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  1. aionides
    Guest
    #1

    Who versus whom - when not so obvious

    Hi there:

    For the most part I am very clear on the use of who and whom. But I am stumped on what to do when it is not so clear as to whether it should be the subjective or the objective case.

    Example:

    The committee was trying to reach Americans, most of whom/who saw little hope in the process.

    I am not clear. Should it be 'whom?' After all, 'whom' refers to the word Americans in the preceding clause and so is objective. But then again, who refers to those "who saw little hope," and so is subjective.

    Totally stumped.

    Kind regards,
    Alex

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    #2

    Re: Who versus whom - when not so obvious

    This is a tricky one, but for me the occurrence after the preposition 'of' would be the dictating factor and I would head for 'whom'.

  2. Steven D's Avatar
    Senior Member
    English Teacher

    • Join Date: Sep 2004
    • Posts: 834
    #3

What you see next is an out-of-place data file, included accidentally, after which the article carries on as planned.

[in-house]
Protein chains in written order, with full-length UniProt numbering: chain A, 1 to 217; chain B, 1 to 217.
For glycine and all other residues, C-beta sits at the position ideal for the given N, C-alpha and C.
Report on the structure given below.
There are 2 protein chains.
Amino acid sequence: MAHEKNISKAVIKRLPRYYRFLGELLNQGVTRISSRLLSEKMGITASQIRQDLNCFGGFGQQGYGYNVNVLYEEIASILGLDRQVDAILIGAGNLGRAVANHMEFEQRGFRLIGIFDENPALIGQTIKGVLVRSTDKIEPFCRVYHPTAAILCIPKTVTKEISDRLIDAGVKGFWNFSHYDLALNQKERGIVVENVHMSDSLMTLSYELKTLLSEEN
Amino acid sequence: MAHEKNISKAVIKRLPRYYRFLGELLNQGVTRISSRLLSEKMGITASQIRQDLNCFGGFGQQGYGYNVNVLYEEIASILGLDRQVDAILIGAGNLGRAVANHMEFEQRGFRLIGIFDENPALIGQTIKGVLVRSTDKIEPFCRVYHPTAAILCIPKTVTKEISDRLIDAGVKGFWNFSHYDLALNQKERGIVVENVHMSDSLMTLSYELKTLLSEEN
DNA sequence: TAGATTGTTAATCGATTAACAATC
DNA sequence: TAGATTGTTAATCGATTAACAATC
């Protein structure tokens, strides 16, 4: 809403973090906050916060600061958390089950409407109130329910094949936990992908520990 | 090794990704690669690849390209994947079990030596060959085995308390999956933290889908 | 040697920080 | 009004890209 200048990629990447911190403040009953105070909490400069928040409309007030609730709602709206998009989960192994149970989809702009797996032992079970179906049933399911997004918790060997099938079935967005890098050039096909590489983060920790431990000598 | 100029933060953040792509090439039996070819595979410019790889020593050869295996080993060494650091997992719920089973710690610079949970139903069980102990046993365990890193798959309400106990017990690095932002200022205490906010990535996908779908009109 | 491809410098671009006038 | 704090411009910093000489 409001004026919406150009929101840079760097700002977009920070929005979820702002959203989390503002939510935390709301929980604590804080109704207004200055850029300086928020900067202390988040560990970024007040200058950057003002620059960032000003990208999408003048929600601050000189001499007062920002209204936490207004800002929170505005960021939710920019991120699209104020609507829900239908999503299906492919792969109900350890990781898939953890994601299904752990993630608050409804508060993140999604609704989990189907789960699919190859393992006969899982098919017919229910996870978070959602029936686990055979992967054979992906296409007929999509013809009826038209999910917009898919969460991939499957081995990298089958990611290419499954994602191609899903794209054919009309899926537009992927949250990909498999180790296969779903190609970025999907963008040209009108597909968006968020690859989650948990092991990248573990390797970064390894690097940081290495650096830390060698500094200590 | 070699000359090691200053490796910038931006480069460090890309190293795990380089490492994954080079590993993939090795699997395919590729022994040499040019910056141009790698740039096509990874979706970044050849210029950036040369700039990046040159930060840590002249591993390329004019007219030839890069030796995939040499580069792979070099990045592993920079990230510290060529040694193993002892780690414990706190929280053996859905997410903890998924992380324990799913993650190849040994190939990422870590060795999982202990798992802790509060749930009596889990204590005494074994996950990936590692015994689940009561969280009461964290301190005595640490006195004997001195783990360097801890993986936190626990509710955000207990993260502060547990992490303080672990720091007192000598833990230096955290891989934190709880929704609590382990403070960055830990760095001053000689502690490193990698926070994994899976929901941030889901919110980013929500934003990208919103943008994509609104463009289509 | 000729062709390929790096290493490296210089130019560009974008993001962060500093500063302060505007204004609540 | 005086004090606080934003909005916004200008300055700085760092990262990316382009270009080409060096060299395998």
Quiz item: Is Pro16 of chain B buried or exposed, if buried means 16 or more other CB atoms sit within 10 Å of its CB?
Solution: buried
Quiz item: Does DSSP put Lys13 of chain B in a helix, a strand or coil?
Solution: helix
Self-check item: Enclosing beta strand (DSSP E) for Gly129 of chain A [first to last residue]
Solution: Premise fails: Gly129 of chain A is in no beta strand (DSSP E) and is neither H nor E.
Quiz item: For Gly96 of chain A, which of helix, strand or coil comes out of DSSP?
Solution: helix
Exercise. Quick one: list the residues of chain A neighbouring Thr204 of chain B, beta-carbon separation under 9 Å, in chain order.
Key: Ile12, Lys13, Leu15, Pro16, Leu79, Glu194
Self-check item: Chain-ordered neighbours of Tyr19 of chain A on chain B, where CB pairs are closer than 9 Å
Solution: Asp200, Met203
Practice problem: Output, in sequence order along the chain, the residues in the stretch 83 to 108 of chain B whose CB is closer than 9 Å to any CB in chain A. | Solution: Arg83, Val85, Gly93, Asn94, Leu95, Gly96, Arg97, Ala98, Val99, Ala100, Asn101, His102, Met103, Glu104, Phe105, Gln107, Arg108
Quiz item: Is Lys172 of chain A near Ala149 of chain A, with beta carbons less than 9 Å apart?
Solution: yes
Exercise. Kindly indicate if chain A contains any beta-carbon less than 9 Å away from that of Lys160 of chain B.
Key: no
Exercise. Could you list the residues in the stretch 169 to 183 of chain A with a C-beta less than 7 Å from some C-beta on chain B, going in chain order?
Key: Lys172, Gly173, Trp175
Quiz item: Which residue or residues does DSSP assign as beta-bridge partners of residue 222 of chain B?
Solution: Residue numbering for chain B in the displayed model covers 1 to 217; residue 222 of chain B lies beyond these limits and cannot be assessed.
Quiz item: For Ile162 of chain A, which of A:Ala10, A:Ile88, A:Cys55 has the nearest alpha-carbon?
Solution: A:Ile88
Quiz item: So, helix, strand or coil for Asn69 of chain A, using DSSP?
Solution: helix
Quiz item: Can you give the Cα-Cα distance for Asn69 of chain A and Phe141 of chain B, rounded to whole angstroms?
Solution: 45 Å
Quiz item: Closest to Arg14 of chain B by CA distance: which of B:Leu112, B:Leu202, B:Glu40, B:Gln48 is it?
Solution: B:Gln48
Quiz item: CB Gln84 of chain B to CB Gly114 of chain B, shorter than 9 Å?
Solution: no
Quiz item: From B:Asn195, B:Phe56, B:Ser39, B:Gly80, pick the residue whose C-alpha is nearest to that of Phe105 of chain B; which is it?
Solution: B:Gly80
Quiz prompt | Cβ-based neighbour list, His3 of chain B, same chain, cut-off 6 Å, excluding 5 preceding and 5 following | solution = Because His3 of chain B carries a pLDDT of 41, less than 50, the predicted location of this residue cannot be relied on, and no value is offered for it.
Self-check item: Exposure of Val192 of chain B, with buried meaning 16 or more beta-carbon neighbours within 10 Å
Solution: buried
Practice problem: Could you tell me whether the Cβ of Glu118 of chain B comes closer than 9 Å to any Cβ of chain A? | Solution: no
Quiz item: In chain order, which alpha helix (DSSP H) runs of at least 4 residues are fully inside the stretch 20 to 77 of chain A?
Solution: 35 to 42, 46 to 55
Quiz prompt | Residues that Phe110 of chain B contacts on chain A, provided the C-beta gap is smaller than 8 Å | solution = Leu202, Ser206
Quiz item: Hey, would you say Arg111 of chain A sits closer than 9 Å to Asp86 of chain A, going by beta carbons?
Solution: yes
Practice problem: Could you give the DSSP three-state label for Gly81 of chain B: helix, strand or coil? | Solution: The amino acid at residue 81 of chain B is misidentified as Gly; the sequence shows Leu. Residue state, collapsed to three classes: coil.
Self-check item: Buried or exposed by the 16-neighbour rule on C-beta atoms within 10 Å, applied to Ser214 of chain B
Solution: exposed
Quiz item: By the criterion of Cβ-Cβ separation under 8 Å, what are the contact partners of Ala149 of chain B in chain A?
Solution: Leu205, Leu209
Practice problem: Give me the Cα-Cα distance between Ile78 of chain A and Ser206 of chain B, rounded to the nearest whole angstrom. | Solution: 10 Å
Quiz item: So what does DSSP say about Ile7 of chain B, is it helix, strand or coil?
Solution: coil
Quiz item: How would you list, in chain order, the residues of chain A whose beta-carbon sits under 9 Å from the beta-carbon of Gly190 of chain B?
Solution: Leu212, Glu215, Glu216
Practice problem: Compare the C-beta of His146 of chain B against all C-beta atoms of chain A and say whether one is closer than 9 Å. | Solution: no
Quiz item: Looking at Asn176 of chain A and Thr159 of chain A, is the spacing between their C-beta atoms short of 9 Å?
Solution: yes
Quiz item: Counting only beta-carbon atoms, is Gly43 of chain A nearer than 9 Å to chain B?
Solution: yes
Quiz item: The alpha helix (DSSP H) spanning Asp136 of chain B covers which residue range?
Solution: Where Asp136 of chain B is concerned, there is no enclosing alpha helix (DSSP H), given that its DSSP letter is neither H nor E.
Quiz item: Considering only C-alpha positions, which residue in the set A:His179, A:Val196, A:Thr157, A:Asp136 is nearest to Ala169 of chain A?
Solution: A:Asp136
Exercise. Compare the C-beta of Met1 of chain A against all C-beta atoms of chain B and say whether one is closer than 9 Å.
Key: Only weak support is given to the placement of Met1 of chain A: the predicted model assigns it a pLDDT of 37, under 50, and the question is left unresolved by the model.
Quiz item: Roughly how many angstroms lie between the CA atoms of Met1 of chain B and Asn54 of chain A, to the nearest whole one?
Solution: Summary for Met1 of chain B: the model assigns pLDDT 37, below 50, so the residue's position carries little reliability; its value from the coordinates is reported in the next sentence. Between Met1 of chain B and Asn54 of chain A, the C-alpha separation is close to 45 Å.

Re: Who versus whom - when not so obvious

    Quote Originally Posted by aionides
    Hi there:

    For the most part I am very clear on the use of who and whom. But I am stumped on what to do when it is not so clear as to whether it should be the subjective or the objective case.

    Example:

    The committee was trying to reach Americans, most of whom/who saw little hope in the process.

    I am not clear. Should it be 'whom?' After all, 'whom' refers to the word Americans in the preceding clause and so is objective. But then again, who refers to those "who saw little hope," and so is subjective.

    Totally stumped.

    Kind regards,
    Alex

    I would look at it this way:

    1. We can say this started out as 2 sentences.

    The committee was trying to reach Americans. Most of them saw little hope in the process.

    most of them - refers to "Americans of course"


    2. In order to make this one sentence, "whom" is used in place of "them". "Them" is an object. It's "most" who saw little hope - "most of them".


    The committee was trying to reach Americans, most of whom saw little hope in the process.

    Most saw little hope in the process. Most of the Americans saw little hope in the process. Most of them saw little hope in the process.

    most of the Americans = most of them = most of whom

    It is the majority, or most, that is the subject, not the Americans per se. It's "most of them". Most saw little hope in the process.
    Last edited by Steven D; 26-Apr-2005 at 04:55.

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